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Reporting is key to business success, but it relies on fresh, accurate data. See how data replication provides a low-latency, near real-time solution to this challenge and how one of our partners delivered on this with astounding success.
Insightful and accurate reporting can make the difference between a successful business and an unsuccessful one. With the right reports, businesses can dramatically improve their ability to make proactive decisions, seizing new opportunities as soon as they present themselves. While the specific reporting needs of any given enterprise will vary, that value of good reporting is persistent across the board.
However, the amount of data generated by businesses every day has skyrocketed in recent years, which means creating reports has become increasingly challenging. Reports are designed to tell a story, answering the “who,” “what,” “where,” “why” and “how” questions that many modern companies face. But your reports need to take into account all of your company's data and this data must be up to date—otherwise, your reports could be telling a very misleading story.
Data replication plays a pivotal part in addressing at least one of these concerns—the freshness of the data. Traditionally, updating a database was a time-consuming, resource-intensive process, which is why many businesses did it during off-hours when it had minimal impact to operations. However, today, many enterprises need access to data in real time.
A data replication solution enables you to easily and effectively replicate data from one database to a separate database. Change Data Capture (CDC) is the key technology in this process, giving businesses the ability to identify and capture only the data in the database that changes and transfer this data to the target database. The end result is low-latency, near real-time replication of data to support reporting efforts—as well as anything else that relies on accurate data, like predictive analytics, time-sensitive IoT events and AI.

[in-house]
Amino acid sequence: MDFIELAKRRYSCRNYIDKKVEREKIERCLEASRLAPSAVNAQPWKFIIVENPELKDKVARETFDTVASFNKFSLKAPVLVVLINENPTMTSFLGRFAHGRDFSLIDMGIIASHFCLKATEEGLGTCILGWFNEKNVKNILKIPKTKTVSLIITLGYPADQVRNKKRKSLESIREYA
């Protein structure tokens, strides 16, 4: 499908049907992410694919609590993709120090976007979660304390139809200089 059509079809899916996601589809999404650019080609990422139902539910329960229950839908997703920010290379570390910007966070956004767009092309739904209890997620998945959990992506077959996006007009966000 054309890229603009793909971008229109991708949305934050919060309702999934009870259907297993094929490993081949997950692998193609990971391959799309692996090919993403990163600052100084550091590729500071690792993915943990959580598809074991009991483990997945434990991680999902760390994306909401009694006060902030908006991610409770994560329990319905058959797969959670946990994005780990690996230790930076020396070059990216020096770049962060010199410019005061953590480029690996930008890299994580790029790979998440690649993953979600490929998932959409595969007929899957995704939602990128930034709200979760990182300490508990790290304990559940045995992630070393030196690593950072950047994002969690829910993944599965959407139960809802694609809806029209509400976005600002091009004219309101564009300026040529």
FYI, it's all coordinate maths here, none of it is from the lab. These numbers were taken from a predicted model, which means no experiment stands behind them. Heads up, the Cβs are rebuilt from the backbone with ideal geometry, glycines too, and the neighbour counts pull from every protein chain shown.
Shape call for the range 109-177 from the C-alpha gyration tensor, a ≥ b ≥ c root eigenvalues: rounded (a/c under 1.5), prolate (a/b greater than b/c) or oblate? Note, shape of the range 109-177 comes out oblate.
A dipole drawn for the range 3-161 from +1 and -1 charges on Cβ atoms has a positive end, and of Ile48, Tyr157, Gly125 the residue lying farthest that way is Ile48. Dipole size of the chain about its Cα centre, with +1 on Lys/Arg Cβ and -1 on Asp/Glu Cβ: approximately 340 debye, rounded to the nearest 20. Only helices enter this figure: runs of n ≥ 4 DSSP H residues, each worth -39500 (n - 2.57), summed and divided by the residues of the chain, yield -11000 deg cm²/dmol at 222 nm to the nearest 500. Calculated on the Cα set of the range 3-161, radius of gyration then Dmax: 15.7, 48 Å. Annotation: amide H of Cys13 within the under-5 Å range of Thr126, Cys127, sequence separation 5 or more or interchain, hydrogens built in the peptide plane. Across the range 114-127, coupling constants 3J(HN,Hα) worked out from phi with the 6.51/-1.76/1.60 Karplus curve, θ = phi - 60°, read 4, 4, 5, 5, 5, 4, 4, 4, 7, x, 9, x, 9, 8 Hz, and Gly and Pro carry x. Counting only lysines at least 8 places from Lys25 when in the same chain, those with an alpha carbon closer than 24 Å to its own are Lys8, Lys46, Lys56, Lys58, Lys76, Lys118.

Since reporting is such a hot topic, the OpenEdge team recently hosted a webinar with one of our OpenEdge Partners, LexisNexis. This case study offers a great real-world example of some of the challenges discussed above and how our customers can solve them.
If you’re not familiar with LexisNexis, let me give you a quick high-level overview. LexisNexis is a leading global provider of legal, regulatory and business information and analytics to help its customers increase productivity, improve decision-making and outcomes, and advance the rule of law around the world. One of the solutions LexisNexis offers to customers is Visualfiles, which is the UK’s leading workflow and case management solution.
Visualfiles is used to automate legal processes, which it’s great at. But increasingly, LexisNexis faced a challenge—their clients’ clients needed real-time reporting. They wanted the flexibility to access information as soon as it was committed to the database. At the time, LexisNexis offered a solution that ran overnight, which already wasn’t ideal, and as data volumes grew, it became an even bigger problem—some clients were processing millions of transactions and had so much data it could no longer be updated in the overnight window.